STATEMENT OF INTENT
#1 IN EUROPE (1947−1989)
GIGANTISME stands out for its unique spirit that, post-WWII, contributed to the very foundations of European modernity.
This cultural and artistic history is in part marked by a singular convergence of art and industry, engendering a transformation of techniques, processes and ideas. This living heritage, on which so little has been written, merits greater consideration and exploration. Comprehending how this Western modernity was thought, formed and spread is key to grasping its underlying issues and implications. Putting its evolution into perspective allows us to lend nuance to oppositions between progress and deceleration. Qualified by historians as a pivotal year, 1947 marks the initiative for a reconstruction following an unprecedented existential crisis that saw the founding concept of humanism and its concomitant values seriously shaken. Reduced and essentialized during the dark years, “national identities” starting in the late 1940s became the subject of an artistic, intellectual, social and economic reappropriation. A collective effervescence seeking to contribute to the advent of a confident, sure future.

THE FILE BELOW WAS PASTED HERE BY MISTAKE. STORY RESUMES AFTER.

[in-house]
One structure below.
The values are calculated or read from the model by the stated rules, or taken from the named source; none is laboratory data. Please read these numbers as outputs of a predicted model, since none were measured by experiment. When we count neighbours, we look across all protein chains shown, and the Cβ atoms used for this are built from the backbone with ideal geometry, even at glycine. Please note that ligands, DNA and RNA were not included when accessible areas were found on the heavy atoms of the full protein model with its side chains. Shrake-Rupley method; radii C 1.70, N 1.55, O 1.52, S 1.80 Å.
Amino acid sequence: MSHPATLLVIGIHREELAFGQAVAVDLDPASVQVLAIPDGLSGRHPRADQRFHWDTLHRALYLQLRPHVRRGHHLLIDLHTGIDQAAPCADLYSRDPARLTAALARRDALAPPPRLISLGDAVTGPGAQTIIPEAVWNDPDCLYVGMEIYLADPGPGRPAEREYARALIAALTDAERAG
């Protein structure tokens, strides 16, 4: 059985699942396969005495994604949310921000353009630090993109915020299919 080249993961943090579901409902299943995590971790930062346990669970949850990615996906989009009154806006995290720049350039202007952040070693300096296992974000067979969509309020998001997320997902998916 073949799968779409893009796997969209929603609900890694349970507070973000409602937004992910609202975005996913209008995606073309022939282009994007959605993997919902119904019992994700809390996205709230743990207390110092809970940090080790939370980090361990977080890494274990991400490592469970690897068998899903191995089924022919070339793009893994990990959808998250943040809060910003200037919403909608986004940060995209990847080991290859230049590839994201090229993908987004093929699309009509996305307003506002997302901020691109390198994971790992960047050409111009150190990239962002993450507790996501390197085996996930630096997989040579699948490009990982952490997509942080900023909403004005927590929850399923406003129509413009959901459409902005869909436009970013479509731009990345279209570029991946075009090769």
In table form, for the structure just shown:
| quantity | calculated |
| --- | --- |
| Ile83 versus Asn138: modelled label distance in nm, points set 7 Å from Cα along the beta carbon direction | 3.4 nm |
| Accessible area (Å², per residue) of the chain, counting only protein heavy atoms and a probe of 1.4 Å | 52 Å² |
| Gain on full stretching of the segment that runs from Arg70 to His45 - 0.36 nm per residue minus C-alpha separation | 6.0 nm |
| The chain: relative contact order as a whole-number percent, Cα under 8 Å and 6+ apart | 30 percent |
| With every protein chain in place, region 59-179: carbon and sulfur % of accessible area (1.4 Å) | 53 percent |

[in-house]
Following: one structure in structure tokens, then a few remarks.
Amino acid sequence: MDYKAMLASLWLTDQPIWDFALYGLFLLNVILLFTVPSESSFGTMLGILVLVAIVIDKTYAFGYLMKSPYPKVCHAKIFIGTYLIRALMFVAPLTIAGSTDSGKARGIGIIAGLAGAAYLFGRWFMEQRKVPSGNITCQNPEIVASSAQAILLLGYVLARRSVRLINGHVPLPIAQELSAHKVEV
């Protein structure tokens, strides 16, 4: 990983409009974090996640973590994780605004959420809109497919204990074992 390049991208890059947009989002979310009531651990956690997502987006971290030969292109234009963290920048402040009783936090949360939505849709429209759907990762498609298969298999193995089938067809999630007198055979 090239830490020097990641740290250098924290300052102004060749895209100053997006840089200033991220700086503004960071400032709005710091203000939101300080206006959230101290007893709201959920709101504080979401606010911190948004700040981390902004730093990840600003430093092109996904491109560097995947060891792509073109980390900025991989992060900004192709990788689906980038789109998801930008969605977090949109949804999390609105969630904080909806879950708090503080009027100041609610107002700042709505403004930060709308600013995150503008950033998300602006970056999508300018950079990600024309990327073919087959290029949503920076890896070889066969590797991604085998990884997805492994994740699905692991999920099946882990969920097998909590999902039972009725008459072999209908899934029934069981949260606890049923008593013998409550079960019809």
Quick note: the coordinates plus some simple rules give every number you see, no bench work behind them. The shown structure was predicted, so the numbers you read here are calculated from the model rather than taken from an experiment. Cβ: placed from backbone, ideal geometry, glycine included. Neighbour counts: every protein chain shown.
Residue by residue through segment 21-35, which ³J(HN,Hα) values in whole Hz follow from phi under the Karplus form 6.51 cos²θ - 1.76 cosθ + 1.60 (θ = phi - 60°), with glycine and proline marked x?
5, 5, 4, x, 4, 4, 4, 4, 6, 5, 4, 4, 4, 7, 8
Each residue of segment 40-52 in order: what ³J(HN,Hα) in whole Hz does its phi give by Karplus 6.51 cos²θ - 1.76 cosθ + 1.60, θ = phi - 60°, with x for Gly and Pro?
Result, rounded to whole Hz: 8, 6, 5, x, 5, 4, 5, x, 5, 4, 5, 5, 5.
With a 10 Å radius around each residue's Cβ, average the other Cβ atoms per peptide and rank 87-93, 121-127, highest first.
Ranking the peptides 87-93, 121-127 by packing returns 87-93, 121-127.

Reflecting a shared adhesion to this conflict- and crisis-free future, a new landscape emerged in record time (another quality of gigantism) starting in the mid-1950s and really taking off in the 1960s. The exploitation of raw materials and the circulation of energies (steel, coal, petrol, nuclear electricity, etc.) at the heart of industrial power and international policy (notably with the European Coal and Steel Community, ECSC) transformed our entire relationship with space, lent colossal, gigantic form in the countryside, in the city and along the coast. These new spatial scales, backed by the possibility of imagining a world beyond that of Earth, influenced the period’s productions tending to free themselves from the painting’s framed canvas and the sculpture’s pedestal. Such works were born from collaborations between artists and engineers or architects. One could evoke, in certain cases, a European land art concomitant with the better known North American movement. Skills associated with productivist activities – welding, assembling, accumulating, styling, etc. – were transformed into artistic techniques. These collaborations, encouraged by the period’s new cultural policy, constitute a history of important and especially fertile artistic and industrial practices that would only come to an end in the 1970s, with the oil crisis rattling the faith in a seamless, boundless future. The most notable transformation was the increased standard of living for many Europeans, resulting in the production and diversification of ever more numerous everyday objects. Luxury goods such as cars and household appliances became accessible, so-called consumer goods, presented at expos, spread by the media and transcended by intellectuals into philosophical objects. What had previously been singular and rare became serial, like the infinitely multiplied motifs of French abstract art. Processual gigantism, common to both art and industry, was concomitant with a certain French-style minimalism. Design was redefined through simplification of the “form follows function” principle for improved productivity, influencing the aesthetic of home interiors as much as artistic installations. And the aesthetic of supermarkets, advertisements and urban houses impregnated a more critical Pop Art “made in France”.